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Kay Steiger

Kay Steiger is an associate editor at Talking Points Memo. She formerly worked at Raw Story, Washingtonian magazine, the Center for American Progress and The American Prospect. Her work has appeared in The Atlantic, the Guardian, Jezebel, AlterNet and others. She graduated from the University of Minnesota. Contact her at kay@talkingpointsmemo.com.

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Yesterday's ruling may not have completely gutted campaign finance reform, but Sahil Kapur reports that John Roberts may be laying the groundwork for doing that eventually.

Ed Kilgore on the "enthusiasm gap" that media pundits love to chew over: "it’s well known there are many factors contributing to turnout rates that have little or nothing to do with 'enthusiasm.'”

Conservatives are finally getting to the point where they're starting to admit that a straight repeal may not be a great idea. Sahil Kapur goes through some of the more prominent conservative wonks' warnings.

It's not often that we get someone like Jonathan Gruber -- the intellectual powerhouse behind what became the Affordable Care Act -- to write for TPM, but here we are. Gruber writes with Vanderbilt School of Medicine Assistant Professor John Graves on how enrollment is far from over, and how Obamacare offers a key piece of the social safety net.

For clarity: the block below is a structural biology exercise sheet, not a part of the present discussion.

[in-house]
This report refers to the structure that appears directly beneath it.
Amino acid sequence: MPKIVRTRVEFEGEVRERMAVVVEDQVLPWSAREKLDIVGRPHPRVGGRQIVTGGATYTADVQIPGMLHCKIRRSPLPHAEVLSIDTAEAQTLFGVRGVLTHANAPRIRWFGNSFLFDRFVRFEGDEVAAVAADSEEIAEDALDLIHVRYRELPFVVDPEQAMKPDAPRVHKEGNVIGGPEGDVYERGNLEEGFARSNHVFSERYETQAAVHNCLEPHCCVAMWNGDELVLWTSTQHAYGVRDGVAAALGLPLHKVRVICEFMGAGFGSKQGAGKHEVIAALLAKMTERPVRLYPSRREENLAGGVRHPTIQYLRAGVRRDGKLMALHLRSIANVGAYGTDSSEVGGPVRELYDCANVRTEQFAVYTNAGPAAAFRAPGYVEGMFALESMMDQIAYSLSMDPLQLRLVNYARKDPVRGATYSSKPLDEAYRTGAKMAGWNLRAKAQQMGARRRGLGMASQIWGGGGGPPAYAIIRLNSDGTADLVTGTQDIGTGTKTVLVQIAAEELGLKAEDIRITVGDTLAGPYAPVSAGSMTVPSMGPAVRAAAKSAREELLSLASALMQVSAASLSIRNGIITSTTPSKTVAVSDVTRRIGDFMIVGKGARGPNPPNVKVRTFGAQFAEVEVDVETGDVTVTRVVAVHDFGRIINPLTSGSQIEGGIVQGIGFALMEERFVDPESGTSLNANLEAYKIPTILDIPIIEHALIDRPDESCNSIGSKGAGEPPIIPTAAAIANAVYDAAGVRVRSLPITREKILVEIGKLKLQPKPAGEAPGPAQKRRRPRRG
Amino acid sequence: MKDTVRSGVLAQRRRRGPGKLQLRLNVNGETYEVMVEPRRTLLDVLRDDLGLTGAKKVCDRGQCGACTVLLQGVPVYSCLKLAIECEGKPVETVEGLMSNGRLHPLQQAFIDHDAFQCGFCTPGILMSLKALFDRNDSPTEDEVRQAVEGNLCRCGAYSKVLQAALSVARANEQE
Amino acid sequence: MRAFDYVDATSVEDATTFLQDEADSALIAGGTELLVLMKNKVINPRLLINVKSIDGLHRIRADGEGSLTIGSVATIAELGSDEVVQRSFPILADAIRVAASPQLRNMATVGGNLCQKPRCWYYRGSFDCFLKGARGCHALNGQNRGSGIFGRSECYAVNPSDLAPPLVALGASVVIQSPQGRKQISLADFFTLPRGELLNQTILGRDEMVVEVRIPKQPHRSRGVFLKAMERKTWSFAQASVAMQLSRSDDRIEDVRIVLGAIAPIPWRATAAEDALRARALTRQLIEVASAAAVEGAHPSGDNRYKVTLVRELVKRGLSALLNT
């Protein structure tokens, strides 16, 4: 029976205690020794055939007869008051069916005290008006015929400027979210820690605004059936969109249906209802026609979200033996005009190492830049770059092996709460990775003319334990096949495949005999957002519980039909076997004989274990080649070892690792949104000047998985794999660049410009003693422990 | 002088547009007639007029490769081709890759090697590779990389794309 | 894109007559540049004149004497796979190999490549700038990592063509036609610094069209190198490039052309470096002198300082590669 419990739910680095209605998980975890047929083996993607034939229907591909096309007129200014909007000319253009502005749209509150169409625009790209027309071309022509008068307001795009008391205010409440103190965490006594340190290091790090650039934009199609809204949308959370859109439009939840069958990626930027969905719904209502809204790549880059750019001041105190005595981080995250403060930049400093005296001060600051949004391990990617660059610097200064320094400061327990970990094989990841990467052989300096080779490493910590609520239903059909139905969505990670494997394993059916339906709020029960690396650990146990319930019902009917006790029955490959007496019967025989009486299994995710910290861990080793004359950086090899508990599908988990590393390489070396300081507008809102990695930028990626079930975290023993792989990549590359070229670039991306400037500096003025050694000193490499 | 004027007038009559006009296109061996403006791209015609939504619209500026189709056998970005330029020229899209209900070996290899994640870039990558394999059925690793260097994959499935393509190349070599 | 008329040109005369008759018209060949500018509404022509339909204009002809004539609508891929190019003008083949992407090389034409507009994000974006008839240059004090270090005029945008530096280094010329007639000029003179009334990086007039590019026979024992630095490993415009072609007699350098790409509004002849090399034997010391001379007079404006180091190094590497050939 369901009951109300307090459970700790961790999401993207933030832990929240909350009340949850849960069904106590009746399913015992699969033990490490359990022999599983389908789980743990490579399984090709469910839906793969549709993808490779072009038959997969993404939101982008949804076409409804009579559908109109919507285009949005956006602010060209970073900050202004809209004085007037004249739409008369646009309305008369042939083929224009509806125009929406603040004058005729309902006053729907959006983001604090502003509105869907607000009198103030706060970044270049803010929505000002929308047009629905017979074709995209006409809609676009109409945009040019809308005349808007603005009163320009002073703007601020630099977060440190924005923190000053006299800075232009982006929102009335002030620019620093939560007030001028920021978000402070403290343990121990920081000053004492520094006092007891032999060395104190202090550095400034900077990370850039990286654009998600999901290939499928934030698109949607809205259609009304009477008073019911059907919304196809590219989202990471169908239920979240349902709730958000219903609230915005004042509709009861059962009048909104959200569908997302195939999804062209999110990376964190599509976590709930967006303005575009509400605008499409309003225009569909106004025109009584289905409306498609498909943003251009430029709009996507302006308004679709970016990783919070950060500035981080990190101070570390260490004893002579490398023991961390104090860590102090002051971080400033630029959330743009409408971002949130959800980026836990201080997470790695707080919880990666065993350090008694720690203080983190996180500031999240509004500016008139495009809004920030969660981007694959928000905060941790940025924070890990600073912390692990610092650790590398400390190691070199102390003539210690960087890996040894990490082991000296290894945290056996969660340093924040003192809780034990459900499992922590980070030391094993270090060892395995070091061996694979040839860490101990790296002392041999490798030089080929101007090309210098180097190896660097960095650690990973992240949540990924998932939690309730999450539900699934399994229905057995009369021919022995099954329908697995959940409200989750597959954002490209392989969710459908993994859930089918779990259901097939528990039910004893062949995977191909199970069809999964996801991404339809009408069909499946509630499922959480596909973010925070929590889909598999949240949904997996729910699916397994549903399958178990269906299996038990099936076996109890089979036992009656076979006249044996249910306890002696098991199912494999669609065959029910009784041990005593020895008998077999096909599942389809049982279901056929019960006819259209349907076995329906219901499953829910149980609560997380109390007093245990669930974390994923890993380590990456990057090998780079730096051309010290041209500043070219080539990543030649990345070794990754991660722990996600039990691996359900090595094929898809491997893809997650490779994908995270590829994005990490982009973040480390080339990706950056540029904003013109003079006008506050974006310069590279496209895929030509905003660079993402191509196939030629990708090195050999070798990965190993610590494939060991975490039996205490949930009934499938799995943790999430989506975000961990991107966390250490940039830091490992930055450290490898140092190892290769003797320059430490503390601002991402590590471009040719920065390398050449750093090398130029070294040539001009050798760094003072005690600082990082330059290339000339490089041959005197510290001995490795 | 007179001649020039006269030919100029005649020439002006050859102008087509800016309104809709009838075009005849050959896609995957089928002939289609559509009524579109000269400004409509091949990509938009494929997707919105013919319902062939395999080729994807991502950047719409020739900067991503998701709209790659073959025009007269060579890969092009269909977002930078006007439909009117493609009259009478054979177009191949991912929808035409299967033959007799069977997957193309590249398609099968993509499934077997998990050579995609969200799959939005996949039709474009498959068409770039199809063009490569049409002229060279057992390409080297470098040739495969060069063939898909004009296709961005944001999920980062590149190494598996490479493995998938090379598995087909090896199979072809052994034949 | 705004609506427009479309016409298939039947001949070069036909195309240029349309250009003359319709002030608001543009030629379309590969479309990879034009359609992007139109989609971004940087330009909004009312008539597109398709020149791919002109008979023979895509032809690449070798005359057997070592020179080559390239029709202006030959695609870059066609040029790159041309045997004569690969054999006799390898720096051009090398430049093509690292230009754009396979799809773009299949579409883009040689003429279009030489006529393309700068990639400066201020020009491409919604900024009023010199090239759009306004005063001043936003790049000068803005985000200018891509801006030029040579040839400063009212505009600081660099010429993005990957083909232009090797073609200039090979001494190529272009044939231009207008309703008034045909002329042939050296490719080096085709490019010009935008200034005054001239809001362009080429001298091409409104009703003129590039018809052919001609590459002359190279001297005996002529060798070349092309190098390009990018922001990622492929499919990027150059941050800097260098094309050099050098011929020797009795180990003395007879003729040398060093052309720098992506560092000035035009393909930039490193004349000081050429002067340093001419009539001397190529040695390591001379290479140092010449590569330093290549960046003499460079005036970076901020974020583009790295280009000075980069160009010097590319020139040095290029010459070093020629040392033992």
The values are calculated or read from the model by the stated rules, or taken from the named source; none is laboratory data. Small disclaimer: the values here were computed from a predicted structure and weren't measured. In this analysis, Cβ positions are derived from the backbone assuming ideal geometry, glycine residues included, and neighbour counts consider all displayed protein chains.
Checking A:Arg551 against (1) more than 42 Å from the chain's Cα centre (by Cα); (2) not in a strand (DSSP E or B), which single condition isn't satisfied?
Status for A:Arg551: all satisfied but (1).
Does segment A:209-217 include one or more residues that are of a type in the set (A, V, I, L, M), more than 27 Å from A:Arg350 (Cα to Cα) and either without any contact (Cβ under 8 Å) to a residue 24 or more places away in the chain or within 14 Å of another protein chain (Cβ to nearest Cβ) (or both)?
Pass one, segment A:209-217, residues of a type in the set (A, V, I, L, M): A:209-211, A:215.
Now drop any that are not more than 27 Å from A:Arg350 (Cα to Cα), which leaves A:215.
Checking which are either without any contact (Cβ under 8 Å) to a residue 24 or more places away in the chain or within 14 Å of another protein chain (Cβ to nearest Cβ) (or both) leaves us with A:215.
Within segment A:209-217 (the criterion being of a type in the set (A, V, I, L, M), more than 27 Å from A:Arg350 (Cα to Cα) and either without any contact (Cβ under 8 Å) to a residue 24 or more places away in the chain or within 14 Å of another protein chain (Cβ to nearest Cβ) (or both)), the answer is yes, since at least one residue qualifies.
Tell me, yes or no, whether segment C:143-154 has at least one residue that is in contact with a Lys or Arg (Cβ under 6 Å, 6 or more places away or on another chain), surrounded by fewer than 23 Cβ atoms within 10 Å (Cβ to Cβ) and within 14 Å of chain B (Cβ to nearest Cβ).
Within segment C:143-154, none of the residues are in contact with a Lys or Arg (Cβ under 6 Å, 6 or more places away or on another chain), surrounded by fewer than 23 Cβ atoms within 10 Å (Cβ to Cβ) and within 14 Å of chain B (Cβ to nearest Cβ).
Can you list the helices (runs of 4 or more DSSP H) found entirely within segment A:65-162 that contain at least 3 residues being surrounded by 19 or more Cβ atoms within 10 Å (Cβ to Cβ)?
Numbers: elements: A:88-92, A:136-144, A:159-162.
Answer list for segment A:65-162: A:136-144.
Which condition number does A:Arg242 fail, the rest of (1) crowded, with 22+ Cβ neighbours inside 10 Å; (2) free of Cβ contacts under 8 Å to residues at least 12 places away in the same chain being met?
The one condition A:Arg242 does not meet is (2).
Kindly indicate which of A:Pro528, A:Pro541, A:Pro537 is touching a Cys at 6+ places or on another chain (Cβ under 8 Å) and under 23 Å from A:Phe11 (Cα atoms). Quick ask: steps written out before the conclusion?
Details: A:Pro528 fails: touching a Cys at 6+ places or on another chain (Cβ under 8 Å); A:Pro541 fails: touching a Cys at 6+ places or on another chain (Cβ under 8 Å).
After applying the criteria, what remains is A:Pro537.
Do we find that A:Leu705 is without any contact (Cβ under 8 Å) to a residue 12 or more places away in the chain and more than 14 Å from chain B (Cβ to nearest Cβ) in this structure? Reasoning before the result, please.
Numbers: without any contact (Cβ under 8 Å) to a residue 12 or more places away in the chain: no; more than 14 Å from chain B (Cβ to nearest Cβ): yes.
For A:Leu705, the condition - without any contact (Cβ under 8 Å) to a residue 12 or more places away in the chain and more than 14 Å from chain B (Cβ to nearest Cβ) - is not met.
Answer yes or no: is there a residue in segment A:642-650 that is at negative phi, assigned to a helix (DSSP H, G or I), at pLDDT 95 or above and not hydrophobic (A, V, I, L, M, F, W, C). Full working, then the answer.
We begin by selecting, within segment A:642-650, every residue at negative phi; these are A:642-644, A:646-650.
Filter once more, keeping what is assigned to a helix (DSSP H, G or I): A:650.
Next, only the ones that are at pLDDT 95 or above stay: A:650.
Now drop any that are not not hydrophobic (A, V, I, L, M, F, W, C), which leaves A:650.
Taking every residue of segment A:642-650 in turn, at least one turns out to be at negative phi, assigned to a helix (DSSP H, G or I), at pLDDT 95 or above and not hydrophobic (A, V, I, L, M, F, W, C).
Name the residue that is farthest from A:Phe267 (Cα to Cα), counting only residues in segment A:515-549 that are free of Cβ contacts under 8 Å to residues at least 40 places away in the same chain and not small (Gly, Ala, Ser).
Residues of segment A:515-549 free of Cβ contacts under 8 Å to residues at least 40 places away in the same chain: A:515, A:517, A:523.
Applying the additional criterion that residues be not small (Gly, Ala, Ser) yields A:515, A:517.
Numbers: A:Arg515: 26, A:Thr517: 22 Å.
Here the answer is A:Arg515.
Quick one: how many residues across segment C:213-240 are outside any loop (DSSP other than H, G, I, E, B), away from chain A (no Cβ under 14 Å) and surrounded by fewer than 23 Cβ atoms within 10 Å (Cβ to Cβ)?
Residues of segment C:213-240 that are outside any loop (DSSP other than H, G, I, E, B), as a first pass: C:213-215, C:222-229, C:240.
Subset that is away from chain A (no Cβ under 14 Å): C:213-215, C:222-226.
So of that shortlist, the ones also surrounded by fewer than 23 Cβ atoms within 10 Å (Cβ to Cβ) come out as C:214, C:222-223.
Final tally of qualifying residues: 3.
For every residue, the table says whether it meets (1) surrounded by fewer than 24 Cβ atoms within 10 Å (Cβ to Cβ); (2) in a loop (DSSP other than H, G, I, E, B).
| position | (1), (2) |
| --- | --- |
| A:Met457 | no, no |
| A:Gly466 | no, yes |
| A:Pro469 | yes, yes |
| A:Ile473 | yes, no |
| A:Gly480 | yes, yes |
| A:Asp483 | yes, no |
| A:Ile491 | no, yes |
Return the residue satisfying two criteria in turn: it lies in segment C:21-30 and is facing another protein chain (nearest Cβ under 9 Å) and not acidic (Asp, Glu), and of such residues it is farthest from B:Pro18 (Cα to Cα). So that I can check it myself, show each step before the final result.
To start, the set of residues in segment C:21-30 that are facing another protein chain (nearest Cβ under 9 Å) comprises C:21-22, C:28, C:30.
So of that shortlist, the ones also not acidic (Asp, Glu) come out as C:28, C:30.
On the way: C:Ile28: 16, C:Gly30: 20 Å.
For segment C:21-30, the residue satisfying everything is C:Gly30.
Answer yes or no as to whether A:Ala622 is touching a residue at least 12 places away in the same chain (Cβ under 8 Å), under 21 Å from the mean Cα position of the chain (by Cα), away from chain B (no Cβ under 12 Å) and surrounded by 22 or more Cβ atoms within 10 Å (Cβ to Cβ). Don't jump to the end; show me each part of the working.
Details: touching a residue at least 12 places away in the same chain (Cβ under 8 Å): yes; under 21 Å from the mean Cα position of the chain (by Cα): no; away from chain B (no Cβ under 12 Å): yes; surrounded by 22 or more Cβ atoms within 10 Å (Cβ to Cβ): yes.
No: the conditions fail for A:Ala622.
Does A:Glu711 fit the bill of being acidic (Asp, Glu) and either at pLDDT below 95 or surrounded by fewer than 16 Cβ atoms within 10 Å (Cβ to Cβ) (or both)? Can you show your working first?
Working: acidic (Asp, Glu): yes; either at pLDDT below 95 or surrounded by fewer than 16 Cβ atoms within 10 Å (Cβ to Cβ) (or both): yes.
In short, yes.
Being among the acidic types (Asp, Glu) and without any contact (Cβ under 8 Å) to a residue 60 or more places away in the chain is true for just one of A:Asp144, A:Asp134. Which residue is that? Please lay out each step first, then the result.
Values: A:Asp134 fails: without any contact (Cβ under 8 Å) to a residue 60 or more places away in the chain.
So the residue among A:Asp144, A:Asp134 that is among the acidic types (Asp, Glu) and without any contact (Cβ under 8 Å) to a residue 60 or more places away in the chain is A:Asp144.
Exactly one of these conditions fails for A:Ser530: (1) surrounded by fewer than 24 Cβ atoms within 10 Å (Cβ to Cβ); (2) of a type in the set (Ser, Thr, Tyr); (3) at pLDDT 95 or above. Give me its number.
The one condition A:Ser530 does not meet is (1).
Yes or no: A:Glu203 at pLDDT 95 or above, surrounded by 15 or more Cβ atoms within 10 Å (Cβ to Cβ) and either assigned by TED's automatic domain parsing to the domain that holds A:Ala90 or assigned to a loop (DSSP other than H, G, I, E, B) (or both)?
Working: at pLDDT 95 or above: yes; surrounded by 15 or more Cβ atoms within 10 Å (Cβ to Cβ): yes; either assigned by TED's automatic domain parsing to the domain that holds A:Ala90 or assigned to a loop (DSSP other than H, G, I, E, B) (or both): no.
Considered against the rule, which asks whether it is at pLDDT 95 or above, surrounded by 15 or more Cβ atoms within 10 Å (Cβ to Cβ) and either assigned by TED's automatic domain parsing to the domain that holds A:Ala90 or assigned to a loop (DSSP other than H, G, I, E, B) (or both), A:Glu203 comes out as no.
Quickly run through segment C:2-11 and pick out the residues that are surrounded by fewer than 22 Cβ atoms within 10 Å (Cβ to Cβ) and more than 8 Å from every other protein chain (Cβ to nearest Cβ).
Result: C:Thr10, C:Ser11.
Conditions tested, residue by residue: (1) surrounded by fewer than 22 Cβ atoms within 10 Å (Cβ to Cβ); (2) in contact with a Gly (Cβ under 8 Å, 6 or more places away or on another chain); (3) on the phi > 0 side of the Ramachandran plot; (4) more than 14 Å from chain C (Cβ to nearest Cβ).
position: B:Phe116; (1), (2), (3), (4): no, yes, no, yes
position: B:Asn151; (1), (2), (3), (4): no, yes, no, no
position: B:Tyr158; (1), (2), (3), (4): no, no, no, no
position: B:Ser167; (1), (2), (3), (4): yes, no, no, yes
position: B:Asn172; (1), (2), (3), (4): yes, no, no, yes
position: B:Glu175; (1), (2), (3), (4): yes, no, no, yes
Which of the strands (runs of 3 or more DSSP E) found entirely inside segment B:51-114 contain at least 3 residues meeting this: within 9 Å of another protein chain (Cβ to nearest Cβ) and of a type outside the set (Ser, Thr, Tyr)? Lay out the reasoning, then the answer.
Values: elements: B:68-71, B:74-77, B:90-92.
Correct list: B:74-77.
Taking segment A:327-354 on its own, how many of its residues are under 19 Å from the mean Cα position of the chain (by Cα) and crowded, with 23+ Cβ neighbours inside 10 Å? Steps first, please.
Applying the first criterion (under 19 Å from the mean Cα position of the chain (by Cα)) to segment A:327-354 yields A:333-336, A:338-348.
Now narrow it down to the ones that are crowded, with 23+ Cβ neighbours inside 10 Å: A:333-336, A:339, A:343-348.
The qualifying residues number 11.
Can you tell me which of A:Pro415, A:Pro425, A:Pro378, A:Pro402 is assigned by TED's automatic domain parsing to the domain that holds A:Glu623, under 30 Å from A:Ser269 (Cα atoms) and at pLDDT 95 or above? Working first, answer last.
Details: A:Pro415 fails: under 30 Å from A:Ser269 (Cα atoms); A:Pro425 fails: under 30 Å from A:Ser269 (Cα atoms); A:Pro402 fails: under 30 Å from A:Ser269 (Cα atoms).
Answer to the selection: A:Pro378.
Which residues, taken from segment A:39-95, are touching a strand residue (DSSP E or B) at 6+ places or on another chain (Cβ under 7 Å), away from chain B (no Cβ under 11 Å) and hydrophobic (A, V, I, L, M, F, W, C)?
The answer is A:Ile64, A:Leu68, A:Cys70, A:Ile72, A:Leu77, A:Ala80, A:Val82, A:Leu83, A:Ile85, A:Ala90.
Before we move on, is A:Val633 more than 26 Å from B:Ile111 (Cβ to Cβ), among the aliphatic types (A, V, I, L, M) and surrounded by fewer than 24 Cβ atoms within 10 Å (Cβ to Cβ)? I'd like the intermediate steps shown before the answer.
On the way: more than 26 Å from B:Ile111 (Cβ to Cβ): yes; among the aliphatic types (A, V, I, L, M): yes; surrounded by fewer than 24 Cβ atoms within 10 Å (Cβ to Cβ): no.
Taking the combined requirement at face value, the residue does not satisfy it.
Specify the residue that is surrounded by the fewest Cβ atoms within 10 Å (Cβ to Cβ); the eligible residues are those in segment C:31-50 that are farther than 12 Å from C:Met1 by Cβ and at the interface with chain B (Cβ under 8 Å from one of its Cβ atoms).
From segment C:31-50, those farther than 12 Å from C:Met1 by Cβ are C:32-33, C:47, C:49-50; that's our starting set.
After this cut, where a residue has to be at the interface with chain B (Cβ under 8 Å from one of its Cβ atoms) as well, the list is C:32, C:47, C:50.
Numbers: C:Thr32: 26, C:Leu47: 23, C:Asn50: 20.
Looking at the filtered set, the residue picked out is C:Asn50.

Sahil Kapur points out the hypocrisy of Rep. Paul Ryan's (R-WI) revised budget, released today, that includes the very Medicare cuts the GOP has been campaigning against.

Today Conor P. Williams argues that in D.C., the debate over education reform is largely settled, with the four major candidates at the polls today all defending the policies of former Mayor Adrian Fenty and his Chancellor Michelle Rhee. And, he argues, this may not have happened if Fenty had won.

Take a moment to read this heartbreaking piece from Northwestern associate law professor Sheila A. Bedi in TPM Cafe today:

The little girl could not have been more than 5 years old. She was wearing a purple polka-dot dress and her hair was pulled tight into ponytails tied with purple ribbons. On her feet were sparkly shoes. Someone had taken great care to dress her and on this grey fall morning in October 2013 she was all sunshine and light.

She skipped towards the large, fortress-like building. She turned towards me and gave me a joyful smile, and said “I’m going to see my daddy today.”

And then together we walked through the doors of the Stateville Correctional Center in Crest Hill, Illinois.

Anti-abortion advocates are posting the names, addresses and photographs of a pro-choice activist, journalist and doctor. TPM Cafe writers David S. Cohen and Krysten Connon wonder, when do we start taking this kind of harassment seriously?

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